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Camp Creek Vision Plan

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For the Eastern Band of Cherokee Indians (EBCI) Housing Division in western North Carolina, Shook Kelley engaged the people of the Cherokee to dig deep into tribal culture, evaluate opportunities and prepare a vision for a master plan and design – for the main objective of providing quality housing opportunities for both its enrolled members and workforce on their 188-acre Camp Creek site in Jackson County.

The Eastern Band of Cherokee Indians (EBCI) is a sovereign nation with over 15,000 enrolled members. The Federally recognized tribe is located in the namesake town of Cherokee, North Carolina in the Qualla Boundary — a land trust made up of an area of their original territory, set within the Great Smoky Mountains. The remarkable legacy of the Cherokee nation is one that reflects a people with tremendous strength of character even in the face of great conflict. They have always held true to their robust values and deeply rooted principles, revolving around a deep reverence for the natural world and the connection with it, living as a tight community and supporting the good of the tribe.

Shook Kelley was hired by the EBCI's Housing Division to assist in shaping what their undeveloped 188-acre Camp Creek site might look like as a functioning community, incorporating both housing for the enrolled members and workforce housing. The mission of the Housing Division is to provide all tribal members with a foundation for success in life through the basic right of quality and affordable housing opportunities while promoting self-sufficiency, community revitalization, long-term economic success and sustainable quality of life. Currently, the tribe is also short of its housing needs for the current workforce demand. To quote EBCI Principal Chief Richard G. Sneed: “This project represents the single greatest leap in housing for our enrolled members in a very long time.” For a Native American people that invented its own written language, resisted deportation in the 19th Century, hid in the mountains until a deal was struck to buy back its land, and then subsisted until they leveraged gaming and tourism in a superior way to establish a sustainable income, this a bold statement.

It is true, even when held up to the scrutiny of history. Providing economic security can be a hollow victory without also preparing living environments that nurture people while also protecting the land. Few entities possess such a growing economic engine as a casino and hotel businesses (and soon to be adventure park), one that depends upon a labor model that has average salaries in the $30K range, and that is isolated within a pristine wilderness, away from urban labor pools. So, it is in the tribe's economic interest to undertake the development of this new community. However, there is a deeper, parallel narrative, one that speaks to the core of the Cherokee people, the love of culture and the land which is so much a part of it. As compelling as the casino & entertainment market is, there is an existing market for those who are simply seeking nature. This market is growing as Millennials make their way into adulthood, seeking genuine expressions of nature and forming bonds with those that conserve it. And, as they are proving in their support of consumer brands, they can judge harshly those that are not genuine, and support those that are in alignment with their values and view of the world. This is a consumer “mountaintop” that the Cherokee can and should own.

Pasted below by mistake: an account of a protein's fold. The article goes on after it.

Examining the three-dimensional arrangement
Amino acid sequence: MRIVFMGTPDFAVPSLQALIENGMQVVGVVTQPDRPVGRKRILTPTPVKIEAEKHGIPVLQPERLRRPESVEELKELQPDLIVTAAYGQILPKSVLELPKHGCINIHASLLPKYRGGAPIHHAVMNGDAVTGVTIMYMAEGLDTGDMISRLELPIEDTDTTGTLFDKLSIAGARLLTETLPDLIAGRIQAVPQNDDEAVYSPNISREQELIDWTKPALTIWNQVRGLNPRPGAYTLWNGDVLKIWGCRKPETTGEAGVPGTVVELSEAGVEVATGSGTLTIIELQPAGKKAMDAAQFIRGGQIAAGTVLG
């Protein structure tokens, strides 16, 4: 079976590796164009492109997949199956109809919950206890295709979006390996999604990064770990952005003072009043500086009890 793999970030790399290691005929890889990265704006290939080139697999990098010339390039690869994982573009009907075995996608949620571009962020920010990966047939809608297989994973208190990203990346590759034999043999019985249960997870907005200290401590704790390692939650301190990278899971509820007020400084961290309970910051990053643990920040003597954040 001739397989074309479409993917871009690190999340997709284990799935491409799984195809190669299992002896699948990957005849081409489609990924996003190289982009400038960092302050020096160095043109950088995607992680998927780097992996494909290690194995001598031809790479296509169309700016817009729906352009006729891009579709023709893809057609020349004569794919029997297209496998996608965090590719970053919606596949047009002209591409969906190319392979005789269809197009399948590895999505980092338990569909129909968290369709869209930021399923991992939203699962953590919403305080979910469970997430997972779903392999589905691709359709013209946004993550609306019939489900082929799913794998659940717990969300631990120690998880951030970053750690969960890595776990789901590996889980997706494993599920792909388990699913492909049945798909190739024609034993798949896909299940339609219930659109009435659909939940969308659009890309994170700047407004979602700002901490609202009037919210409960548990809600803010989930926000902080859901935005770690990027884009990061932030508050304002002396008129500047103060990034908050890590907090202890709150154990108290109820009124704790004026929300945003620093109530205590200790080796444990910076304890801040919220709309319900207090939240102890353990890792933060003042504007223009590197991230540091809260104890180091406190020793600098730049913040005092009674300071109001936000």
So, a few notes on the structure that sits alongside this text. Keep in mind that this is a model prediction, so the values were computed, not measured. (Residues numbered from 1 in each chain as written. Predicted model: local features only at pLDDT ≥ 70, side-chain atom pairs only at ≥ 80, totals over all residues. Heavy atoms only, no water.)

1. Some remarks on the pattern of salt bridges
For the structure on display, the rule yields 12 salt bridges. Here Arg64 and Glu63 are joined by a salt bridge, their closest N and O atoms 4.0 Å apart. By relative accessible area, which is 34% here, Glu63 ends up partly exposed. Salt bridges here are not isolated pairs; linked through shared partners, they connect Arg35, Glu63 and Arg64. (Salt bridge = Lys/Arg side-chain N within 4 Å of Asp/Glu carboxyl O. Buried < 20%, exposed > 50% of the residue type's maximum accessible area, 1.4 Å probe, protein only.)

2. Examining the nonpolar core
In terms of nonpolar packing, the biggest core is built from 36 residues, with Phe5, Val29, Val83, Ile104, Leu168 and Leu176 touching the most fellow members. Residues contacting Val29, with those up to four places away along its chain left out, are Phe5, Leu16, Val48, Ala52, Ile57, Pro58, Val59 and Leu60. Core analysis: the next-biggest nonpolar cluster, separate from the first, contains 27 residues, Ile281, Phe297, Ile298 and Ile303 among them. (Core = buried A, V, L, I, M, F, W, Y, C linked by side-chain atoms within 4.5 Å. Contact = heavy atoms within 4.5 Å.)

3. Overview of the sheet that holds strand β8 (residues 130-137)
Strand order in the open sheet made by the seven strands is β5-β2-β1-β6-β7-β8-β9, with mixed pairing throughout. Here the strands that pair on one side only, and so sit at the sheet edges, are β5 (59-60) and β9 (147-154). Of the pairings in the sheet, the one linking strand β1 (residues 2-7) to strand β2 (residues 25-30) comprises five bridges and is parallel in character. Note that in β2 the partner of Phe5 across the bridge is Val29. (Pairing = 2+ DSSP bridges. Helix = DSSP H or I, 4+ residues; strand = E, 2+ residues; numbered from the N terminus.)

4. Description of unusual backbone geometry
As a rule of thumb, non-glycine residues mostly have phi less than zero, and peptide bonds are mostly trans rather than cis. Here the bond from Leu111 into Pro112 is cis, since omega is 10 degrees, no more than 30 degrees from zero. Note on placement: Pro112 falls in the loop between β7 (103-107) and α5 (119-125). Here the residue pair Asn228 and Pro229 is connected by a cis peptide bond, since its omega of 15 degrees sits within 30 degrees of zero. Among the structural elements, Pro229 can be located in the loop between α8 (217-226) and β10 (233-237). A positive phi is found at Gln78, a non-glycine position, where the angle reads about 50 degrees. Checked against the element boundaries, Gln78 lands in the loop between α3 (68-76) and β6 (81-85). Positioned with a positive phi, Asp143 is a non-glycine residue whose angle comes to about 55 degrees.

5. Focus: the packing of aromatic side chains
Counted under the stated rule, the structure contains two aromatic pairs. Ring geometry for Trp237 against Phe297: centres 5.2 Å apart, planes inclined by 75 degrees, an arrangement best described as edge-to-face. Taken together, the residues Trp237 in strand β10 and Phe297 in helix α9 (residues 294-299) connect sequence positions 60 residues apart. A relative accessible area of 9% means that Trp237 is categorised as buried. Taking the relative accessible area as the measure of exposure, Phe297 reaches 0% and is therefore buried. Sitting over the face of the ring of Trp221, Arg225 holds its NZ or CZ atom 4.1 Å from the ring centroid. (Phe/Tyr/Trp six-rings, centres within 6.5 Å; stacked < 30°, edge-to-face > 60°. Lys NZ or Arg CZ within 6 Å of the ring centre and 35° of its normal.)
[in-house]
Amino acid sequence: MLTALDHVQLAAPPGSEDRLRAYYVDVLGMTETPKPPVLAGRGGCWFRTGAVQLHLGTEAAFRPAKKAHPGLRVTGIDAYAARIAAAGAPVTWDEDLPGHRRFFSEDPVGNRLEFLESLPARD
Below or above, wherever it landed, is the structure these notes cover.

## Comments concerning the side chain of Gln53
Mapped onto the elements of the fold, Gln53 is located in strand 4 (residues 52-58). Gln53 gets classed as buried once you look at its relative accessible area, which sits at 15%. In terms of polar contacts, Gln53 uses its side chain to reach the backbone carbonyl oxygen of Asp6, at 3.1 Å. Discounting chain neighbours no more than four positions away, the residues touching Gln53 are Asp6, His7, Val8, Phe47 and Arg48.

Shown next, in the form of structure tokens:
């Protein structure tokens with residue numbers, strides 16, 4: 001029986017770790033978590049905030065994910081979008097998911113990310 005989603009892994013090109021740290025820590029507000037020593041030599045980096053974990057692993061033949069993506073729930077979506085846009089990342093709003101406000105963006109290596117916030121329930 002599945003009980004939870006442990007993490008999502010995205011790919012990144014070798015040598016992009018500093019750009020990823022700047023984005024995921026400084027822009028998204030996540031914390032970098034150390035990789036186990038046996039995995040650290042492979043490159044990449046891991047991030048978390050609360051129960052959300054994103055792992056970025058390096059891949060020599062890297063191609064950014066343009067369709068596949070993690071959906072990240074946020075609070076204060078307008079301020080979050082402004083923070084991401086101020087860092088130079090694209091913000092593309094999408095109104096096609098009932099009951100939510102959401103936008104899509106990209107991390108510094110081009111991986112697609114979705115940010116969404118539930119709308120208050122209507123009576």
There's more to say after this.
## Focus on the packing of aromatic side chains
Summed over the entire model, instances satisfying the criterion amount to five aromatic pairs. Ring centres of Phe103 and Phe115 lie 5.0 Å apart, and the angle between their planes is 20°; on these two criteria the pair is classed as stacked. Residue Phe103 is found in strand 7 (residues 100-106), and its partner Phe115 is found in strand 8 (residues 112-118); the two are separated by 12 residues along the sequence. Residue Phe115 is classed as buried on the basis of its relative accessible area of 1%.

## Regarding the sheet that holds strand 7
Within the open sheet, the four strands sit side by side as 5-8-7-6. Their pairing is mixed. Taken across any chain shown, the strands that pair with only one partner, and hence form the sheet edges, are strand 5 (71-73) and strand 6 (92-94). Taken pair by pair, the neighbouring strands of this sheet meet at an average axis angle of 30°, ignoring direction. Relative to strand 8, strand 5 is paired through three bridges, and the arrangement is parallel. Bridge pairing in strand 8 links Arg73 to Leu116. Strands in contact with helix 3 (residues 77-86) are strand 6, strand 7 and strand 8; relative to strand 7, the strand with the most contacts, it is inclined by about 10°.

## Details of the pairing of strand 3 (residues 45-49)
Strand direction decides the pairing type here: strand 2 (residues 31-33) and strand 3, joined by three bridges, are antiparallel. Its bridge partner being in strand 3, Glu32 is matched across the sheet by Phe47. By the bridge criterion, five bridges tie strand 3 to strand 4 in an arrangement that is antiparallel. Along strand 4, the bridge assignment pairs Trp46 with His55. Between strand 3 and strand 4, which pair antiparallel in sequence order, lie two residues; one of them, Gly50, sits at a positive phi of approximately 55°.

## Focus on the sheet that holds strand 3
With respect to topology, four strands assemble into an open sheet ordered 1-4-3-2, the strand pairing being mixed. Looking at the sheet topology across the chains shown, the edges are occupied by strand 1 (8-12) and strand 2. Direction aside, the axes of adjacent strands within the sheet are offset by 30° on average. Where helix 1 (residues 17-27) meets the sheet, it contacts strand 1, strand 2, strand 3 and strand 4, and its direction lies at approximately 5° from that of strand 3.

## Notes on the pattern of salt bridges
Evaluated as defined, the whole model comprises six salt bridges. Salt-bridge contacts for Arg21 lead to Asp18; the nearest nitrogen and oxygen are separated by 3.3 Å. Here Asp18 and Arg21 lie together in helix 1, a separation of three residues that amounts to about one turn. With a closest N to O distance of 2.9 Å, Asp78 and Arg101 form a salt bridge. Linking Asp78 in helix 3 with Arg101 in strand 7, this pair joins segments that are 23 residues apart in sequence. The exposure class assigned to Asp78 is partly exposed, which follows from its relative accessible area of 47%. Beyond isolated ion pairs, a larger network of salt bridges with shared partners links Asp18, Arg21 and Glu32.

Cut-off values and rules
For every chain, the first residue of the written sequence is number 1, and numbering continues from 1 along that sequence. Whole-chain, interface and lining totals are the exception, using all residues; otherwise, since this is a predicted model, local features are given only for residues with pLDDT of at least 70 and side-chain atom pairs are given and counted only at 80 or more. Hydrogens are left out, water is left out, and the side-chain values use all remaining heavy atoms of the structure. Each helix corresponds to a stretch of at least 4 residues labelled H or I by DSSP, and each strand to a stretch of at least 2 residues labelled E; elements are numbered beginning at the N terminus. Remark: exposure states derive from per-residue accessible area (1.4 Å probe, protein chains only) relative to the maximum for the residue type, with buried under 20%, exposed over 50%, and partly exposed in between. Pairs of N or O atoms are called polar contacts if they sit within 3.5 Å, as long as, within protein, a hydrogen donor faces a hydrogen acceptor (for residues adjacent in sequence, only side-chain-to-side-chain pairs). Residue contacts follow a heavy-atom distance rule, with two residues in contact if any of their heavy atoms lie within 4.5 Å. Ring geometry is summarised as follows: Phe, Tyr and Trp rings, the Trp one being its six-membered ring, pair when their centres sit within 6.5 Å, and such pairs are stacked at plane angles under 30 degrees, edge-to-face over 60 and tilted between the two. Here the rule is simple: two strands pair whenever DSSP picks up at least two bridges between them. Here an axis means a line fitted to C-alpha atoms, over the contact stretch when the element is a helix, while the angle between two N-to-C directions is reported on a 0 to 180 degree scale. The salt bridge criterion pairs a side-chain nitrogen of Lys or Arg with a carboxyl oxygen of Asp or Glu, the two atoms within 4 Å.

This development will be the first step along that path, creating a sustainable residential community that not only secures a business model that undergirds the nation, but in a manner that reflects its values, culture and humanity of the people.

A site analysis study was prepared ranging from land surveys, zoning, soils and wetlands, scenic views and transportation, among others, forming the basis for the planning. Interviews, surveys, and site visits to other regional communities were conducted with stakeholders to gauge their perspectives on various housing typologies, heritage, stewardship of the land, and possible planning schemes for the Camp Creek development. Organizing Principles were drafted by Shook Kelley to serve as pathways to guide and measure the preparation of a plan and the development process. From this, a series of Alternative Future scenarios were drafted in various scales of development, ranging from maximum balance of housing typologies throughout the site; a westward shift scenario whereas the bulk of larger scale apartments would be on the west side of the site but also with the most number of residential units throughout; a smaller scale scenario with fewer total units featuring walk-Up apartments terraced up a hill on the west portion, and courtyard style housing on the east portion of the site; and a lighter footprint scenario with the lowest number of residential units featuring terraced courtyard housing and cottages on the east end. Ultimately, a Vision Plan was prepared that blends both affordable and market rate housing among a total of 445 residential units, a village center and a neighborhood center that will feature other uses within each.